Friday 25 October 2019

Are cigarette filters useless?

Richard Kluger memorably equated twentieth century efforts to make a safer cigarette to breeding a one-fanged rattle-snake. It has become dogma in tobacco control that neither filters nor low-tar cigarettes make any difference to the risks of smoking. Low tar (or 'light') cigarettes, in particular, have been portrayed as a tobacco industry scam, with the role of government and public health scientists written out of the story.

Regulators send out mixed messages. The EU's Tobacco Products Directive bans companies from putting nicotine and tar yields on cigarette packs to prevent consumers getting the idea that lower yields are less dangerous. At the same, it banned companies from selling cigarettes with more than 15 mg of tar in them in 1993 and has since lowered the limit to 12 mg and then 10 mg, presumably because it thinks higher yields are more dangerous.

Now Martin McKee and his chums have called for filters to be banned entirely, the effect of which would be to greatly increase yields of both nicotine and tar. This is not a new idea. In Velvet Glove, Iron Fist, I wrote about anti-smoking fanatic John Slade who wished the government had banned cigarette innovation in 1950 so that 'the only cigarettes on the market would be unfiltered 70 mm smokes, and far fewer people would be smoking.'

McKee et al. make their argument on the basis of litter, but perhaps they share Slade's hope. If so, I'm not sure it will work. Smoking was never more popular than it was in 1950 and I would far rather smoke an unfiltered Lucky Strike than a modern 'light' cigarette. Most people today don't know what a decent cigarette tastes like.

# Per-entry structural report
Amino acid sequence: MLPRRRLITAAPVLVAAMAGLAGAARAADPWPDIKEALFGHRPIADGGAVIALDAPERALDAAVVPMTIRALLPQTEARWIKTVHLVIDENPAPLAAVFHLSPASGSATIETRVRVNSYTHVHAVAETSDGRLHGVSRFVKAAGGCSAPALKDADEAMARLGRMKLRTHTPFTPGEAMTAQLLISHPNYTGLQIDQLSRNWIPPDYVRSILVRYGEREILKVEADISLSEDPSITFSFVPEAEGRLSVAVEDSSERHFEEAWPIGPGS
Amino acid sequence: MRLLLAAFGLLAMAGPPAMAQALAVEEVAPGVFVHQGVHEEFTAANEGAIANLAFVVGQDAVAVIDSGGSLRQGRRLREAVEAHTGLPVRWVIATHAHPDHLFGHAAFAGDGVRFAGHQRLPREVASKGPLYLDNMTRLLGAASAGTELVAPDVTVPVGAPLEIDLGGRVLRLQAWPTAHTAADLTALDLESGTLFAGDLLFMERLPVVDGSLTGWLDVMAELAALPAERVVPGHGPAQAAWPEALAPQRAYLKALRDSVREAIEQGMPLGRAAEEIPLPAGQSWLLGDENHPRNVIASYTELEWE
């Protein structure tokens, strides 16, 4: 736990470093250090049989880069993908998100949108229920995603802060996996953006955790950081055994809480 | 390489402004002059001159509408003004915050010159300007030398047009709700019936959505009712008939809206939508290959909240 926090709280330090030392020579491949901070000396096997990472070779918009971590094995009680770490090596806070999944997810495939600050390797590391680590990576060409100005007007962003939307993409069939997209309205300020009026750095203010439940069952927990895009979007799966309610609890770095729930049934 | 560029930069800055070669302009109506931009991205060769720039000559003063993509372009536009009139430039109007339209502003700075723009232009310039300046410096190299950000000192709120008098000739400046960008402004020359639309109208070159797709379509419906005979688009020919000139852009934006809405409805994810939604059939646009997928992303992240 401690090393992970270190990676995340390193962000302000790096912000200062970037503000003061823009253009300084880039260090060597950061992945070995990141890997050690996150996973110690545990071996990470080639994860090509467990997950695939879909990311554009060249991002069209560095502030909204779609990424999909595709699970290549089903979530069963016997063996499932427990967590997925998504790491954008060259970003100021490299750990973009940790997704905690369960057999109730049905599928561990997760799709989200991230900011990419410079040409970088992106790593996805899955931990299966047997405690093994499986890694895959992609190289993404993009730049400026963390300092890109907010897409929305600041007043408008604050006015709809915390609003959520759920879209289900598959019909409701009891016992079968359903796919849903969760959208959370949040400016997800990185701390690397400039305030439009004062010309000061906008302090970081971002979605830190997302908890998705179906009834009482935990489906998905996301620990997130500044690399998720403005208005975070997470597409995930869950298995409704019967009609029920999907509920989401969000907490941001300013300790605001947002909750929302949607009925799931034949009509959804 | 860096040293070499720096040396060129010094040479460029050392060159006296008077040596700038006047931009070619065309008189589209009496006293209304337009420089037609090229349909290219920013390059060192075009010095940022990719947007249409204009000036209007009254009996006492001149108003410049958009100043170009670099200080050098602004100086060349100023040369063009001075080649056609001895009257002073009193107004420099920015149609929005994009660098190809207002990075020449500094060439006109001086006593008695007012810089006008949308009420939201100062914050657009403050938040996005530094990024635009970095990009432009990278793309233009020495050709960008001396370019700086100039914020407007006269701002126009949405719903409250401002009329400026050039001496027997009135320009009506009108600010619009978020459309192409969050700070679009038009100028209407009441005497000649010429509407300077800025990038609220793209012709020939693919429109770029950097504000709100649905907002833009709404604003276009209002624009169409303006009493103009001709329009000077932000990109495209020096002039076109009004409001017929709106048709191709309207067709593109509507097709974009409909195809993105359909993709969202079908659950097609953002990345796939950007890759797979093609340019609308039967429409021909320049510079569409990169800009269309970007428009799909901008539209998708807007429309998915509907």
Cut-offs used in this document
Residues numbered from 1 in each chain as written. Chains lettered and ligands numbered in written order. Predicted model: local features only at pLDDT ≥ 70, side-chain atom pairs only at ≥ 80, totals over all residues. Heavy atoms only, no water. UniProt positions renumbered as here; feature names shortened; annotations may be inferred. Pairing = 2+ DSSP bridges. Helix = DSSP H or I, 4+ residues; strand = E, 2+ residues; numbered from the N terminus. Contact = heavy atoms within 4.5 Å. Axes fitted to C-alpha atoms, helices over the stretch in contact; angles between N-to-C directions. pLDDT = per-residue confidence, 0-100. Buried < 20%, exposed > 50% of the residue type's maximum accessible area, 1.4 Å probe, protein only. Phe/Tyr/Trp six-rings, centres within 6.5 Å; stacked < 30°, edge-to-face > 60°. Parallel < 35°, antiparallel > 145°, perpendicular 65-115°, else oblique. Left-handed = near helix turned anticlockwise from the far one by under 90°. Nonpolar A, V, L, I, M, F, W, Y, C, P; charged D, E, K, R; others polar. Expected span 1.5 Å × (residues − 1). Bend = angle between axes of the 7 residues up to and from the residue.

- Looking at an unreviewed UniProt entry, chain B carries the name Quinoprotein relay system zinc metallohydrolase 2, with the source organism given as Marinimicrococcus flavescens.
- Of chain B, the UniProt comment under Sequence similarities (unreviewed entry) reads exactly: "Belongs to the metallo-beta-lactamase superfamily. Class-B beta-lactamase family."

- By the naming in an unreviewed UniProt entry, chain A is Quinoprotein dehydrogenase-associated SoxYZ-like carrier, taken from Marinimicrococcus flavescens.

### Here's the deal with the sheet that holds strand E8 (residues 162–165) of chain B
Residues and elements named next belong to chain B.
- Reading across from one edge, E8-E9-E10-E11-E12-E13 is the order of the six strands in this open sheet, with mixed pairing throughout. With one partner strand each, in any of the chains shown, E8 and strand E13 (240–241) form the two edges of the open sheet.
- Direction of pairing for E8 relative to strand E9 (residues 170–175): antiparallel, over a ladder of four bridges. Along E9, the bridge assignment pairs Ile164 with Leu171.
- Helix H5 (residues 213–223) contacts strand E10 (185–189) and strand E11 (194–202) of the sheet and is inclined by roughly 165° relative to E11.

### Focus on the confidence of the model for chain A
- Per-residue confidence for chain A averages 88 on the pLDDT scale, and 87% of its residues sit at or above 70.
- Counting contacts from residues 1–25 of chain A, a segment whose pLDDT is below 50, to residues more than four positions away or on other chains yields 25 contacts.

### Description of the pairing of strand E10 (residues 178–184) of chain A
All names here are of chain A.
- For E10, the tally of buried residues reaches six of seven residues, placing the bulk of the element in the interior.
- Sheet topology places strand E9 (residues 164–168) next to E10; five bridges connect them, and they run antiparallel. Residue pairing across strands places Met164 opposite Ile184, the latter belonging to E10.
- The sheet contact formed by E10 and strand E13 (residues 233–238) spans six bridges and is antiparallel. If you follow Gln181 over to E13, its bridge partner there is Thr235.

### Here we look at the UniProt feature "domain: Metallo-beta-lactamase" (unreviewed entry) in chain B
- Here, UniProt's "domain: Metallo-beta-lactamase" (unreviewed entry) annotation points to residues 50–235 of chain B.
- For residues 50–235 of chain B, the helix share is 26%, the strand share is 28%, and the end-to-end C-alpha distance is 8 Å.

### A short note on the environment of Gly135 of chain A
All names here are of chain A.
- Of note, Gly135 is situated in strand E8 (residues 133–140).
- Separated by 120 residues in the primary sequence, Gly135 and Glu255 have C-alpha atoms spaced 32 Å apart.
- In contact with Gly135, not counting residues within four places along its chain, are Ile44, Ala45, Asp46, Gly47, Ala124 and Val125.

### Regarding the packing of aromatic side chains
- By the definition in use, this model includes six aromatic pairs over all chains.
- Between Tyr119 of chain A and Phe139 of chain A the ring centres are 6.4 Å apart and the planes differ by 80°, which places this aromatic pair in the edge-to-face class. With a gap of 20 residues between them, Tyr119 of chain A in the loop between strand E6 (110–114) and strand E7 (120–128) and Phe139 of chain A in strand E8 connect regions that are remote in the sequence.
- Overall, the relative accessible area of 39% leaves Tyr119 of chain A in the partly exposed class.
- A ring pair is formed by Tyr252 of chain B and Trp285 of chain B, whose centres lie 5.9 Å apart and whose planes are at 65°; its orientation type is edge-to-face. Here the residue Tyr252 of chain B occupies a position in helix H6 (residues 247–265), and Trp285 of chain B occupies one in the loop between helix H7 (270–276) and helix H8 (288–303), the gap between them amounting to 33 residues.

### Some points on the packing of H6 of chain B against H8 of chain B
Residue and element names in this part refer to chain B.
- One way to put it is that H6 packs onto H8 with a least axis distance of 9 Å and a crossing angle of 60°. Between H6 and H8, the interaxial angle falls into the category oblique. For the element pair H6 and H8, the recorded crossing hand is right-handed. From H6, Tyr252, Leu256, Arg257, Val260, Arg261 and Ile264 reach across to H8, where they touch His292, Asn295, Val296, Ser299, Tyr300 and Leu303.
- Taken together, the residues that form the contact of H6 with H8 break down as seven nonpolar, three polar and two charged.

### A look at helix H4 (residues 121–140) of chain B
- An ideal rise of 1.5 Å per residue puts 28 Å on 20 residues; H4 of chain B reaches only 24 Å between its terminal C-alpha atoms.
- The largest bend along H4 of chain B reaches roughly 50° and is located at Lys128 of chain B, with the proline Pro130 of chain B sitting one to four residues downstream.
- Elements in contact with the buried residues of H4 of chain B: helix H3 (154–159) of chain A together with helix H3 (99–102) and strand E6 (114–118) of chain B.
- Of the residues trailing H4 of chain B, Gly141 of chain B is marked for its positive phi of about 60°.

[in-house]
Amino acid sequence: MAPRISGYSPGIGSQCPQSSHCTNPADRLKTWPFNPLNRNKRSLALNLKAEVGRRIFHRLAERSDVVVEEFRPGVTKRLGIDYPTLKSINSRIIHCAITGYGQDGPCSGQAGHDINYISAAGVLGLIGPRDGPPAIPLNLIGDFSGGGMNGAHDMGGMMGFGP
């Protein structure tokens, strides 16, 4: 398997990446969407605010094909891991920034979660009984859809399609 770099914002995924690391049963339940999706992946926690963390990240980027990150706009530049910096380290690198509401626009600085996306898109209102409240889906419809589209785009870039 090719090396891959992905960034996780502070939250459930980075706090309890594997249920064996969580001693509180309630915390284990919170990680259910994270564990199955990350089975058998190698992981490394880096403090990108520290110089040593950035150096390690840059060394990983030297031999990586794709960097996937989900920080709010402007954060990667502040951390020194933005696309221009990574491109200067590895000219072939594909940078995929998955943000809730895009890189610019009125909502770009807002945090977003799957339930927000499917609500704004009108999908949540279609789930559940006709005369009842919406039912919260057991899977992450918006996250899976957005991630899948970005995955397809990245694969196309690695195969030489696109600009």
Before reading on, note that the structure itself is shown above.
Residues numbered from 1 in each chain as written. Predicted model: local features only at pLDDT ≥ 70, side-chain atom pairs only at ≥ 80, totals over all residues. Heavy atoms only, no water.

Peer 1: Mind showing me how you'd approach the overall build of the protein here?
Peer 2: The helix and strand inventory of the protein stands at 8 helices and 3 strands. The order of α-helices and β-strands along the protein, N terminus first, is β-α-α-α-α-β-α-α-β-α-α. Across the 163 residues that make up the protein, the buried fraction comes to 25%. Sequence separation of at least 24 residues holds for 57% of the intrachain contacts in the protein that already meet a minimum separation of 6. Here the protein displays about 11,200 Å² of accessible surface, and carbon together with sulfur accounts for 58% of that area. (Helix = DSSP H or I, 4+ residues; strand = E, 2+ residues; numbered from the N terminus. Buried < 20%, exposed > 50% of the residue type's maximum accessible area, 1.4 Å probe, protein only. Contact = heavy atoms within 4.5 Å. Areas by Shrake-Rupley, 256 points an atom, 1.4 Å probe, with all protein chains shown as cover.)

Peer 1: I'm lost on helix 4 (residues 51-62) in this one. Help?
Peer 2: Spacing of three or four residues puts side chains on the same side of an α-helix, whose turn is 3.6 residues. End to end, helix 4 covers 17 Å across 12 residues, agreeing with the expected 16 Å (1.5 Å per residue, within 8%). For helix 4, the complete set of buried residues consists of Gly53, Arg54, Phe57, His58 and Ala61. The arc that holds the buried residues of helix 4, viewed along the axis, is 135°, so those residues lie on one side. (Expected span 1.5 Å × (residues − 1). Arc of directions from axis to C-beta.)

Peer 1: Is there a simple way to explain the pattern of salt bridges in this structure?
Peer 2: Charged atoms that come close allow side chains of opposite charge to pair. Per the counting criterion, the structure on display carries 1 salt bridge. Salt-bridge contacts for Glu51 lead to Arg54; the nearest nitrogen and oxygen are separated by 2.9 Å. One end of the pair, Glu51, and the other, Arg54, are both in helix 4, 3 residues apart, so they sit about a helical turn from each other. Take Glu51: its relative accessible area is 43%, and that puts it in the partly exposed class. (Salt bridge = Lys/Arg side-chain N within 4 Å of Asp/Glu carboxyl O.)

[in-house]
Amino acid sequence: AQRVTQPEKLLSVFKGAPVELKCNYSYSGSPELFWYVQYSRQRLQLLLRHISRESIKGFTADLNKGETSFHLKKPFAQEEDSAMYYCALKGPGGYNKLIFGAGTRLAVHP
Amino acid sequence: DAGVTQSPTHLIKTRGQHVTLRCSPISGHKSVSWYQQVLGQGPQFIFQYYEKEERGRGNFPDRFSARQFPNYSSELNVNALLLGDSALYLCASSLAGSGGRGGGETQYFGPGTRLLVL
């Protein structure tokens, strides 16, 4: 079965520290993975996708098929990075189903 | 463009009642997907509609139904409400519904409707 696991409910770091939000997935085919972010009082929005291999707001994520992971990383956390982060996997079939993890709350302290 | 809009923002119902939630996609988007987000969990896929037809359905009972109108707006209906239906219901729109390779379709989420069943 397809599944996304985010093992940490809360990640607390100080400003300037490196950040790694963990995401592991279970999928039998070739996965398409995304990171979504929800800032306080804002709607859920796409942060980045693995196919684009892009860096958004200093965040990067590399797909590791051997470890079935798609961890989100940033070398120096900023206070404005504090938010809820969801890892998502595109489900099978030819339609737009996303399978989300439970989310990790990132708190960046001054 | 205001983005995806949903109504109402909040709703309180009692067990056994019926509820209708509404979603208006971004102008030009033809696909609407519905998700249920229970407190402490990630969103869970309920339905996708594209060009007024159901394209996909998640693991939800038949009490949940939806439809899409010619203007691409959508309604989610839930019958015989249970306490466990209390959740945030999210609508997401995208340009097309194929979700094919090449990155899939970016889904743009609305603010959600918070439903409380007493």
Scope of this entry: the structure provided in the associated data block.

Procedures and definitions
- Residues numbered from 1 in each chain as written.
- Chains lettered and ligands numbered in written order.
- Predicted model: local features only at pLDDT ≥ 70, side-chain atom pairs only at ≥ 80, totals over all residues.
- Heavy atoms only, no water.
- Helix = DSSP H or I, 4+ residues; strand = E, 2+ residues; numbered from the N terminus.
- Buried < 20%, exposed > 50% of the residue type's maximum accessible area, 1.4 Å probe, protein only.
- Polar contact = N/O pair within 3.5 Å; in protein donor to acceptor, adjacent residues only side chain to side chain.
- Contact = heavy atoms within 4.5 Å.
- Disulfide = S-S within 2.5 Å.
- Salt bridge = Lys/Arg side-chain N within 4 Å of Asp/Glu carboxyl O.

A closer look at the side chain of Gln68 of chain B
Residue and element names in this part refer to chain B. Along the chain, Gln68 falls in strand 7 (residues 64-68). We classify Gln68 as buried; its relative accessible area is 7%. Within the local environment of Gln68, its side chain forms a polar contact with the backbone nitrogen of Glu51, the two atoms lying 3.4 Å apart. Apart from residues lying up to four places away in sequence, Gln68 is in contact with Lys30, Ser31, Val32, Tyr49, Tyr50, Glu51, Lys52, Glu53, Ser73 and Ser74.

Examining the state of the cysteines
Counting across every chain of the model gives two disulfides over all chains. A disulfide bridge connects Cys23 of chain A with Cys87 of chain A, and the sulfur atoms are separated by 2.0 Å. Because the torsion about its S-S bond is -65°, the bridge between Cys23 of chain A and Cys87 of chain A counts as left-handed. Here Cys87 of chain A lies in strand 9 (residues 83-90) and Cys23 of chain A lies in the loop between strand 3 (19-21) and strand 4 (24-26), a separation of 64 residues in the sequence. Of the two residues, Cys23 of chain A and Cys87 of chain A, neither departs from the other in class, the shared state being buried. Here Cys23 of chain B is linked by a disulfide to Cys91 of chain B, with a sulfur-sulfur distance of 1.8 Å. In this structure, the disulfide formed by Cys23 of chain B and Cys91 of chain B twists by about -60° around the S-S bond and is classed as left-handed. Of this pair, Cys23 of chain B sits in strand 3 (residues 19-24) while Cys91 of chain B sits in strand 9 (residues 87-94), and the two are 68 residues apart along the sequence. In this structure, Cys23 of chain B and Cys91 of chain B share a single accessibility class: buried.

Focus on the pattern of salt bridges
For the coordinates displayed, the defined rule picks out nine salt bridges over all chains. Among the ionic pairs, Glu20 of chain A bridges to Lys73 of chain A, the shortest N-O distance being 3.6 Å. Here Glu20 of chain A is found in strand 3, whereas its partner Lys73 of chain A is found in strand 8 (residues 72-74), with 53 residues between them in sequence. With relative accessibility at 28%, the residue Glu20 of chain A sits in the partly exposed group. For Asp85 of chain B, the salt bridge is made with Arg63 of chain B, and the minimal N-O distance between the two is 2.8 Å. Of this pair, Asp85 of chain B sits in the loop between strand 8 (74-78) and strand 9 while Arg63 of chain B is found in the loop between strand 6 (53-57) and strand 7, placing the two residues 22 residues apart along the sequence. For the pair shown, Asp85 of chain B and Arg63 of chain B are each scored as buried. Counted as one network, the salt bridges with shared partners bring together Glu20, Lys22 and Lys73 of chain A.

McKee et al. assert that the benefits of filters are a 'myth', but the only sources they cite as evidence are an article from the New York Times Magazine and an article in the pseudo-journal Tobacco Control.

Studies looking at the issue are few and far between, so it is a weird coincidence that one was published on Monday in JAMA Internal Medicine. Awkwardly for McKee, it found that...

After adjustment, unfiltered cigarette smokers were nearly 40% (hazard ratio, 1.37; 95% CI, 1.10-1.17) more likely to develop lung cancer and nearly twice (hazard ratio, 1.96; 95%CI, 1.46-2.64) as likely to die of lung cancer compared with those who smoked filtered cigarettes. Additionally, all-cause mortality was nearly 30% (hazard ratio, 1.28; 95% CI, 1.09-1.50) higher.

.. This study confirms that smoking any type of cigarette conveys serious health risks. Within the context of this study, unfiltered cigarettes are the most dangerous, and individuals who smoke them should be targeted for aggressive tobacco treatment interventions. 

This is in line with previous epidemiological studies such as this and this. The idea that filters confer no benefit whatsoever is unproven, to put it mildly. But we already knew that McKee doesn't approve of harm reduction.

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